The intersection of High Street and Martin Luther King Jr. Boulevard will have “brief, intermittent closures to prevent vehicles from appearing in the background of various scenes of the movie,” according to the city.
Detours during the closures will be posted. In addition, the movie production will pay Hamilton police officers to be stationed at various high-traffic intersections along High Street, Dayton Street, and Martin Luther King Jr. Boulevard to direct traffic.
The High/Main Bridge over the Great Miami River will remain open during filming, according to the city.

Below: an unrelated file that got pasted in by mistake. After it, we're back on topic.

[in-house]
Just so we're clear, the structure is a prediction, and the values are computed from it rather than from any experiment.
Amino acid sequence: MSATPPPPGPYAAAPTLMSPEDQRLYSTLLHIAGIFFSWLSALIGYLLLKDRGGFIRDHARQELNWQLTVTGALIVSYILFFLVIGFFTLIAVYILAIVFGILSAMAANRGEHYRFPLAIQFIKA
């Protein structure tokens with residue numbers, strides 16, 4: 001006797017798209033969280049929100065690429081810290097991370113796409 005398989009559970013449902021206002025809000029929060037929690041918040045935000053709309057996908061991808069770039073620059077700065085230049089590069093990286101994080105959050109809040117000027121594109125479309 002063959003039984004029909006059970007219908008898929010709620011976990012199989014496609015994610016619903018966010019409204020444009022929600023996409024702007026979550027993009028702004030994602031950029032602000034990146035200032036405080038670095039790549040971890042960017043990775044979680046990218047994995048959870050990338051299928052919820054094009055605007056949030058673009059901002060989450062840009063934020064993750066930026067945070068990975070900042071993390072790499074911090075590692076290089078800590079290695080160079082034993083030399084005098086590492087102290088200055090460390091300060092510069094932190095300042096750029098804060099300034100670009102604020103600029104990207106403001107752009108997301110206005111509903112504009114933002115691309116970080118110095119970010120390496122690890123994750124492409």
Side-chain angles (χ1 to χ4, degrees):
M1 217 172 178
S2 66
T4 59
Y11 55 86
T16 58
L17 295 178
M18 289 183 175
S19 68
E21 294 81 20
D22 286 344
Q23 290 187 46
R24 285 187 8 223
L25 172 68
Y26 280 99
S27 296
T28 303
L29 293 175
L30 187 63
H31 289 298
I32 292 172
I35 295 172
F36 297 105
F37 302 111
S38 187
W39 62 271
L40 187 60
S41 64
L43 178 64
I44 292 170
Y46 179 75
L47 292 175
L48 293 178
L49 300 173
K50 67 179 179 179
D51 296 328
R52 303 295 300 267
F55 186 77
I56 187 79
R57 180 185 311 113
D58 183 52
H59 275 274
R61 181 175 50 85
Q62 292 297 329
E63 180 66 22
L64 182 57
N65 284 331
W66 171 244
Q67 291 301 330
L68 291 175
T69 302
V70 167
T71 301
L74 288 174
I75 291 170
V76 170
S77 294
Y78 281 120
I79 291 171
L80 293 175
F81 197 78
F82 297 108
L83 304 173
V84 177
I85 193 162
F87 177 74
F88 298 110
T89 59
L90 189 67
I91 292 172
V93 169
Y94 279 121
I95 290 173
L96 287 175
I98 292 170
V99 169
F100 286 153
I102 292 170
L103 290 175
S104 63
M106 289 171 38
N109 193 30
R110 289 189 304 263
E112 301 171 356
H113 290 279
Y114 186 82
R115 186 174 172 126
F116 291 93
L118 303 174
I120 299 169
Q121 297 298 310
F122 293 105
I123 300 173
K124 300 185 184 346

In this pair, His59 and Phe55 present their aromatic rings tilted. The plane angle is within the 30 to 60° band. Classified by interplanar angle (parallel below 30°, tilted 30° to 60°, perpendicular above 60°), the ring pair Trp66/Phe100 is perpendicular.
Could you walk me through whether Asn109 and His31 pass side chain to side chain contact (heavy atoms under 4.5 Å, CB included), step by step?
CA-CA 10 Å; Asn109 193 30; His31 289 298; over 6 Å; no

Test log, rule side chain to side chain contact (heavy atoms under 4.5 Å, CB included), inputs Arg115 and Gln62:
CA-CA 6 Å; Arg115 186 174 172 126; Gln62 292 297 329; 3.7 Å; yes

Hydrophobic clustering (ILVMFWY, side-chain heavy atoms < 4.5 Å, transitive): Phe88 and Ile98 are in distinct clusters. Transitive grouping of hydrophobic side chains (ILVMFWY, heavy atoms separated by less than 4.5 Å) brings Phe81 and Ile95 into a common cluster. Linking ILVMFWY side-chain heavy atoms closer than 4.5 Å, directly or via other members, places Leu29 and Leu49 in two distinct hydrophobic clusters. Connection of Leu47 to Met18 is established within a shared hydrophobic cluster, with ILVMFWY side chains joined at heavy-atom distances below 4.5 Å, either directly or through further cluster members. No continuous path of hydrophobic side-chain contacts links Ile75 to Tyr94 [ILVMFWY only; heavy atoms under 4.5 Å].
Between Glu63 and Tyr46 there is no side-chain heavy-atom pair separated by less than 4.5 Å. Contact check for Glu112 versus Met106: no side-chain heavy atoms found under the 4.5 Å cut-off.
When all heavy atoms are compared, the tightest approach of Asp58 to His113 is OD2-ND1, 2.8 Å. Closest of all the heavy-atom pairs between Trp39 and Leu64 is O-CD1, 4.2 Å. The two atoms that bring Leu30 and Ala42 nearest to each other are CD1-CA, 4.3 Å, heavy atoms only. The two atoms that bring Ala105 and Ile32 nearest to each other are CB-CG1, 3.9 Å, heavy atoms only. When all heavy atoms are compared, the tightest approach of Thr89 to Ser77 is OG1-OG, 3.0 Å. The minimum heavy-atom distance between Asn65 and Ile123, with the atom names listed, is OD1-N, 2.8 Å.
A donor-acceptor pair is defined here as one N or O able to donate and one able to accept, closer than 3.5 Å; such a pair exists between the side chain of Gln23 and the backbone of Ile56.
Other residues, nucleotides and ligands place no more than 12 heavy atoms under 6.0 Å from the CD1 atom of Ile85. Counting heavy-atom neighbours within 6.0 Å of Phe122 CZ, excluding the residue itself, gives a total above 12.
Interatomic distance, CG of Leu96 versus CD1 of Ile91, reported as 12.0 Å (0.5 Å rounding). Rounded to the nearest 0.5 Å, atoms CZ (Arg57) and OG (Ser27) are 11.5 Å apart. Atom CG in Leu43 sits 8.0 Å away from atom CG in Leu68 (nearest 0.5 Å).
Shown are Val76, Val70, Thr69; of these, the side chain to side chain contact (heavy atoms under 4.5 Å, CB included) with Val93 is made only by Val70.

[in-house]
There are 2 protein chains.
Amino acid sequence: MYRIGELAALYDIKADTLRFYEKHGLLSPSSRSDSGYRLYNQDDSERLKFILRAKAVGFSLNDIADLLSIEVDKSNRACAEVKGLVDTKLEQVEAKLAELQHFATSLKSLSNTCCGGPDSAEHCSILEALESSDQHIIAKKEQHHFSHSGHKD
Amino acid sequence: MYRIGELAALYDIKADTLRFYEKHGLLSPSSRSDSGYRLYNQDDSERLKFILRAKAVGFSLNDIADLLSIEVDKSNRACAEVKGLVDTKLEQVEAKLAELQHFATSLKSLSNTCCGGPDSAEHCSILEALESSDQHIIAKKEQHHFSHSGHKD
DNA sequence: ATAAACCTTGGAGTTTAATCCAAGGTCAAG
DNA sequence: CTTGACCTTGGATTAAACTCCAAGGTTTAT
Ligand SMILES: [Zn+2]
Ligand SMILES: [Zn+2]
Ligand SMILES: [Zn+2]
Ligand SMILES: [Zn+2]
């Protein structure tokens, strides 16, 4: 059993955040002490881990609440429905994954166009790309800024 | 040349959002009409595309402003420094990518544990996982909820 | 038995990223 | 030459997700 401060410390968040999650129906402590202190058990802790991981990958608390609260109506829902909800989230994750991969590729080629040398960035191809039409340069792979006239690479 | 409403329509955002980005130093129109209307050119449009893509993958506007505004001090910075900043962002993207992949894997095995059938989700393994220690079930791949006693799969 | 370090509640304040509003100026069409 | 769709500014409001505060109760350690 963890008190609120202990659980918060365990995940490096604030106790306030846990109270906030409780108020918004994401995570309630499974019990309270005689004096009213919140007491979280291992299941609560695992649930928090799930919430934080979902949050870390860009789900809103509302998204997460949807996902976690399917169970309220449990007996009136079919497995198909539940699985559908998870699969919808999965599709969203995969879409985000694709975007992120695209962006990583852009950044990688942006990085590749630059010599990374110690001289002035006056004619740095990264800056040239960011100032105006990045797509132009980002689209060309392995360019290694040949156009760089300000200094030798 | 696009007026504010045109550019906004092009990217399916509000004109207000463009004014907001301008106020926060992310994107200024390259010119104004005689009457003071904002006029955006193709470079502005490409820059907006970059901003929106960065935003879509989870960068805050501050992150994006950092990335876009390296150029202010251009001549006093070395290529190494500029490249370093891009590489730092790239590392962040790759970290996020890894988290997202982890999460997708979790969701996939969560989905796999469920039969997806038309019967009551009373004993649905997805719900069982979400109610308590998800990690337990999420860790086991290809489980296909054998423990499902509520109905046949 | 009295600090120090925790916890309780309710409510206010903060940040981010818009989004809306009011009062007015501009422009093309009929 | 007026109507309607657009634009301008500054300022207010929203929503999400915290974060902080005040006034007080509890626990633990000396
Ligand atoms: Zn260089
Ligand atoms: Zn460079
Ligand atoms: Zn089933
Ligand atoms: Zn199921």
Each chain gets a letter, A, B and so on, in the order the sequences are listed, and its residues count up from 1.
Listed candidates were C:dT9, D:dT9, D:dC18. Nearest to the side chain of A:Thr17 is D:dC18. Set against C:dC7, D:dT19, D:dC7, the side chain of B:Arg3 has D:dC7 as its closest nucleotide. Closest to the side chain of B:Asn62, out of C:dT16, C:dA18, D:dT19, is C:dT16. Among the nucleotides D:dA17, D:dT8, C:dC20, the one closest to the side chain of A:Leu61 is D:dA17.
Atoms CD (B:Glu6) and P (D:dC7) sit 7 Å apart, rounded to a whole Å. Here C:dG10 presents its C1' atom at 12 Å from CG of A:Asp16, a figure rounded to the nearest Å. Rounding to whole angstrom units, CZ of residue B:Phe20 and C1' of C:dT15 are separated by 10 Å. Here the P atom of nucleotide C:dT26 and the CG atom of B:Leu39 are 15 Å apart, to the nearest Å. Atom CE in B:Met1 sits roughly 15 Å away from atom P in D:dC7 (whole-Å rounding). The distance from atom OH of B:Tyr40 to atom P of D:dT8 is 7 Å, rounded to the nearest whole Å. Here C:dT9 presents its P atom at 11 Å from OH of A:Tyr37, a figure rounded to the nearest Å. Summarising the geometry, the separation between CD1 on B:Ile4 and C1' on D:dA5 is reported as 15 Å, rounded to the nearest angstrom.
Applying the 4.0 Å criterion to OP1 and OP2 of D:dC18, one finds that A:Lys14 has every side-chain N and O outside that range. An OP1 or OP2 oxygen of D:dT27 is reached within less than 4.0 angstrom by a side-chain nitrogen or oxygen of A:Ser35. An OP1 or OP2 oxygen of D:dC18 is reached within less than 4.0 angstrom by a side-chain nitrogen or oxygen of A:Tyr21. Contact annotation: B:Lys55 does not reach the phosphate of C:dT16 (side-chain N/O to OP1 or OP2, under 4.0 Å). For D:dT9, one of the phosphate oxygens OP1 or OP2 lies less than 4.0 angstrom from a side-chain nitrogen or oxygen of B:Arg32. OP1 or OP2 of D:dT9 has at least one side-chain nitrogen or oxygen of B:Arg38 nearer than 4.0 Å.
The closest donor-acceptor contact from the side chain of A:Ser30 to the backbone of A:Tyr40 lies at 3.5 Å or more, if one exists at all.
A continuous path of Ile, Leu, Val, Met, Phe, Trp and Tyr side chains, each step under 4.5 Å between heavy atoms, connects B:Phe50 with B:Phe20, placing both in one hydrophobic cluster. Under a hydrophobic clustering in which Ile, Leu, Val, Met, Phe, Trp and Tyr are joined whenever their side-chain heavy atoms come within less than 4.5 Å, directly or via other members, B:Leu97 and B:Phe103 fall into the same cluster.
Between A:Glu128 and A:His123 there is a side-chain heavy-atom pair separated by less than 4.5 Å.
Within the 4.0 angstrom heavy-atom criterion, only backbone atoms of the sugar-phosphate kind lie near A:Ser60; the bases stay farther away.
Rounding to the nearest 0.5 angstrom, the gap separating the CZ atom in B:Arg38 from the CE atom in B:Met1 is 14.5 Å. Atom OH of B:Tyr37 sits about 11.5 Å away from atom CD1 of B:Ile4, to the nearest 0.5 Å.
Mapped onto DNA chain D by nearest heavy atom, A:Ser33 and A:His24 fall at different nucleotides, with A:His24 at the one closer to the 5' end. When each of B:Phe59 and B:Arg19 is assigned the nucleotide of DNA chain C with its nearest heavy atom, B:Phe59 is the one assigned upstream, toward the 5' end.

In an effort to alleviate traffic congestion, the city will temporarily suspend construction along River Road and will work with CSX and Norfolk Southern to ensure all railroad crossings are not closed due to construction.
“We’re excited to have another major motion picture filmed here in Hamilton,” Mayor Pat Moeller said. “Having the movie industry in Hamilton continues to benefit our local businesses, both small and large, while showcasing the city to tens of thousands of people across the country.”
In 2016, Ohio Gov. John Kasich signed into law a revised Ohio Motion Picture Tax Credit, which raised the annual incentive cap to $40 million, removed the $5 million per project cap, and changed the incentive rate to a flat 30 percent on all production dollars spent in Ohio.